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In adult biz, court of public opinion rules: The Cambria List Re-Visited

from – Friday night just after 11 p.m., local Craigslist users began fretting about the missing “Adult Services” ad section.

“Just wondering where Adult Services was on the CL homepage it now says ‘Censored,’” one person wrote. “Also Adult Gigs is gone.”

Questions remain as to whether the new “Censored” link represents a permanent removal of the section. Regardless, it’s apparently a pointed statement directed toward law enforcement officials and the sex-slave-abolition movement that has targeted Craigslist’s erotic advertising.

In an Aug. 24 news release, Ohio Attorney General Richard Cordray announced he had joined 16 other state attorneys general in a letter demanding that Craigslist “immediately take down” the Adult Services section due to “continued prostitution advertisements and concern about reported sex trafficking of children.”

“The increasingly sharp public criticism of Craigslist’s Adult Services section reflects a growing recognition that ads for prostitution—including ads trafficking children—are rampant on it,” Cordray said. “In our view, the company should take immediate action to end the misery for the women and children who may be exploited and victimized by these ads.”

Craigslist has so far refused any comment on the self-censorship.

In the aftermath of the change, The Other Paper’s classified ad department reported a small spike in erotic ad sales from escorts, who cited the Craigslist ban as their impetus for placing ads in print. Escort ads also appear in the print edition of The Columbus Dispatch.

Online sites like function exclusively as clearinghouses for erotic-service ads—similar to CL’s old Adult Services section, but with more pictures, service rates and booking information. also features a detailed erotic-services section.

TOP first covered the issue in 2008, when the Ohio AG’s Office pressured Craigslist into an agreement to police, if not remove, the Adult Services section. The story, titled “Sex for Sale,” quoted sex-pub editors, alt-press leaders and state legal and law enforcement officials on the campaigns that have been launched against legal adult ad content in print and on the Internet in recent years.

“This is a moral battle” being waged against sex workers, Will Rockwell, editor of New York’s Spread magazine—a print and online publication that covers the sex industry—told The Other Paper in 2008.

Court challenges seeking to force Craigslist to remove its erotic-services section have so far been rejected in low-level federal courts.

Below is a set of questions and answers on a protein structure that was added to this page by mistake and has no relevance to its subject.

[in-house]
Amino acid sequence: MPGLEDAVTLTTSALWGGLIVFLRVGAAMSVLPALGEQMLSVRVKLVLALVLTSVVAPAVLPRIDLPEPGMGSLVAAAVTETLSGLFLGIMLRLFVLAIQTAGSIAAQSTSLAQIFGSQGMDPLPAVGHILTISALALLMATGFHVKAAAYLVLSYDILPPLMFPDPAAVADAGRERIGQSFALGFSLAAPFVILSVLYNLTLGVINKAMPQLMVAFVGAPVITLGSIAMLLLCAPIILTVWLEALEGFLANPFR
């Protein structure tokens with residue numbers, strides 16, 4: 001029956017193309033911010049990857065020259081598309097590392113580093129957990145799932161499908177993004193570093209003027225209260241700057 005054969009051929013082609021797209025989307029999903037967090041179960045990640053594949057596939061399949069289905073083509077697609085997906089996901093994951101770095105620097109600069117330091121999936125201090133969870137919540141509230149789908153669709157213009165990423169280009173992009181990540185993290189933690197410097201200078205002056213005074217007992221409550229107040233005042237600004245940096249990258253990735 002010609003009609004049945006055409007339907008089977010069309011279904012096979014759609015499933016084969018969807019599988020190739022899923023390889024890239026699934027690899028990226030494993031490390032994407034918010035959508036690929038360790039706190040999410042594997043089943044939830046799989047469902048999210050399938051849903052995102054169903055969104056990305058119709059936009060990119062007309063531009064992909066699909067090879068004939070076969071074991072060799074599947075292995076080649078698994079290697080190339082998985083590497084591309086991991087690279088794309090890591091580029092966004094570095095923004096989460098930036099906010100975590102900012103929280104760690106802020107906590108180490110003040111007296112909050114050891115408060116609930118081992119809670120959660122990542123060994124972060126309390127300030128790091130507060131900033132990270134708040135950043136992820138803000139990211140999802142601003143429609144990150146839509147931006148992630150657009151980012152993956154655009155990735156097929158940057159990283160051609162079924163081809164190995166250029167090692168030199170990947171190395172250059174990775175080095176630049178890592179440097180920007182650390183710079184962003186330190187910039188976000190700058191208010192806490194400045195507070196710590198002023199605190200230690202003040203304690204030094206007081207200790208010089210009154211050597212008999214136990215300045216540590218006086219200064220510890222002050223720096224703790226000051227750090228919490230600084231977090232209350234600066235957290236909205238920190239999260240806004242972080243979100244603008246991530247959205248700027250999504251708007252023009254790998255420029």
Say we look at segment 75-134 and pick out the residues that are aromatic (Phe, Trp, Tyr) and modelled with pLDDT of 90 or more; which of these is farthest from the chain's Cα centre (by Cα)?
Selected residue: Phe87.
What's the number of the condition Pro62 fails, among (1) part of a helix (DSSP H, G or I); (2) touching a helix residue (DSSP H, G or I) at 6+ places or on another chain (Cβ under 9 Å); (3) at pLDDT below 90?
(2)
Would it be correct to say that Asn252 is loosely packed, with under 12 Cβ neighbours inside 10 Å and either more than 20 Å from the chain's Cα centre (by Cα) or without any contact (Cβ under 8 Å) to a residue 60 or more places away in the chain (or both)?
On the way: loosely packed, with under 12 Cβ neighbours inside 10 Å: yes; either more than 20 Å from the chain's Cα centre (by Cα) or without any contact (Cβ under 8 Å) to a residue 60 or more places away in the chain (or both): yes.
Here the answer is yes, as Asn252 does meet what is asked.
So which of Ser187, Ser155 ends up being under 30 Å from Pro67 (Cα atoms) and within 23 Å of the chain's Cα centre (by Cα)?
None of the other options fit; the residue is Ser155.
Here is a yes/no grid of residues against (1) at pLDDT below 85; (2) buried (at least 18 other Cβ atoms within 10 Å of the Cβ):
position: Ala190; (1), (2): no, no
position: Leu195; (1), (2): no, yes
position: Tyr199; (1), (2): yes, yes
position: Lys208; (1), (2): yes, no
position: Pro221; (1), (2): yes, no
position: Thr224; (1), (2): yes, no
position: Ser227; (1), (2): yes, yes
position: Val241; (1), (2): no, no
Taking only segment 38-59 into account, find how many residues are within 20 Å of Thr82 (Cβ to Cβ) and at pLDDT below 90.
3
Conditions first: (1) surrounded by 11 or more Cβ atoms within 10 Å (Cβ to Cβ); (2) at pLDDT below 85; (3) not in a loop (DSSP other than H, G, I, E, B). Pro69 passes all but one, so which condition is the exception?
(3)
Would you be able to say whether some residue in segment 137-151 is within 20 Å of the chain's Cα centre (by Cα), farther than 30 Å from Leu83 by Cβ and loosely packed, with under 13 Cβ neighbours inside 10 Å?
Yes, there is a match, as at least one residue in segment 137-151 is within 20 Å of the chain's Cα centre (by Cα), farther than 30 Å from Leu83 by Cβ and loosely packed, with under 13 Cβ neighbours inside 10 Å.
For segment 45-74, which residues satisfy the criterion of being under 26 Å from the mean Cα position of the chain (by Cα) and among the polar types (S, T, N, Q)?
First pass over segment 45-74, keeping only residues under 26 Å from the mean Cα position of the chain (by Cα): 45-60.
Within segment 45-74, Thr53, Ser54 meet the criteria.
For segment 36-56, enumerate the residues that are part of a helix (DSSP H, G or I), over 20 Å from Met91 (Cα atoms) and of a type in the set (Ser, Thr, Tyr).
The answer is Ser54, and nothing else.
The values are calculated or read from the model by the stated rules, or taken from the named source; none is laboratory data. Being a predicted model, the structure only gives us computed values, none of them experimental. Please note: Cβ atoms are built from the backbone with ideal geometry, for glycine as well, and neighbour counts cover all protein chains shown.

Craigslist’s move is similar to the self-censoring that the mainstream porn industry engaged in during the early years of the digital porn boom, which coincided with the arrival of the Bush administration’s morally conservative Justice Department. The PBS Frontline documentary American Porn is a great primer for anyone interested in the development of the adult-entertainment industry and obscenity laws in late 20th and early 21st century America.

The “Cambria List,” which can be viewed at, is a list of suggestions for contemporary pornographers wishing to pass the community-standards test should they be tried for obscenity. The list was written in the early 2000s by Paul Cambria [pictured], council for Hustler and other major adult-industry distributors.

Among other suggestions, the list advised against the use of the following, particularly on publication covers (visit the MA blog at for the complete list):

No shots with appearance of pain or degradation

No coffins

No blindfolds

No wax dripping

No bondage-type toys or gear unless very light

No transsexuals

No forced sex, rape themes, etc.

Cambria’s obscenity guidelines make mainstream adult entertainment seem quite vanilla in comparison to the extreme fetish-saturated content produced by indie pornographers who populate free file-sharing pornographic websites.

So how does porn obscenity tie in with Craigslist’s self-censorship? The attorneys general campaign against Craigslist’s Adult Services ads is based on the argument that the site facilitates the sex trafficking of unwilling women and minors.

One logical extension of that argument is that some of these unwilling prostitutes might end up in the more vile material in wide circulation on free porn-sharing sites. And if it’s possible for sex slaves to end up in coerced underground vids posted on heavily trafficked user-generated XXX share sites, why stop with censoring Craigslist?

This is one question likely to arise out of the Craigslist controversy as it unfolds.


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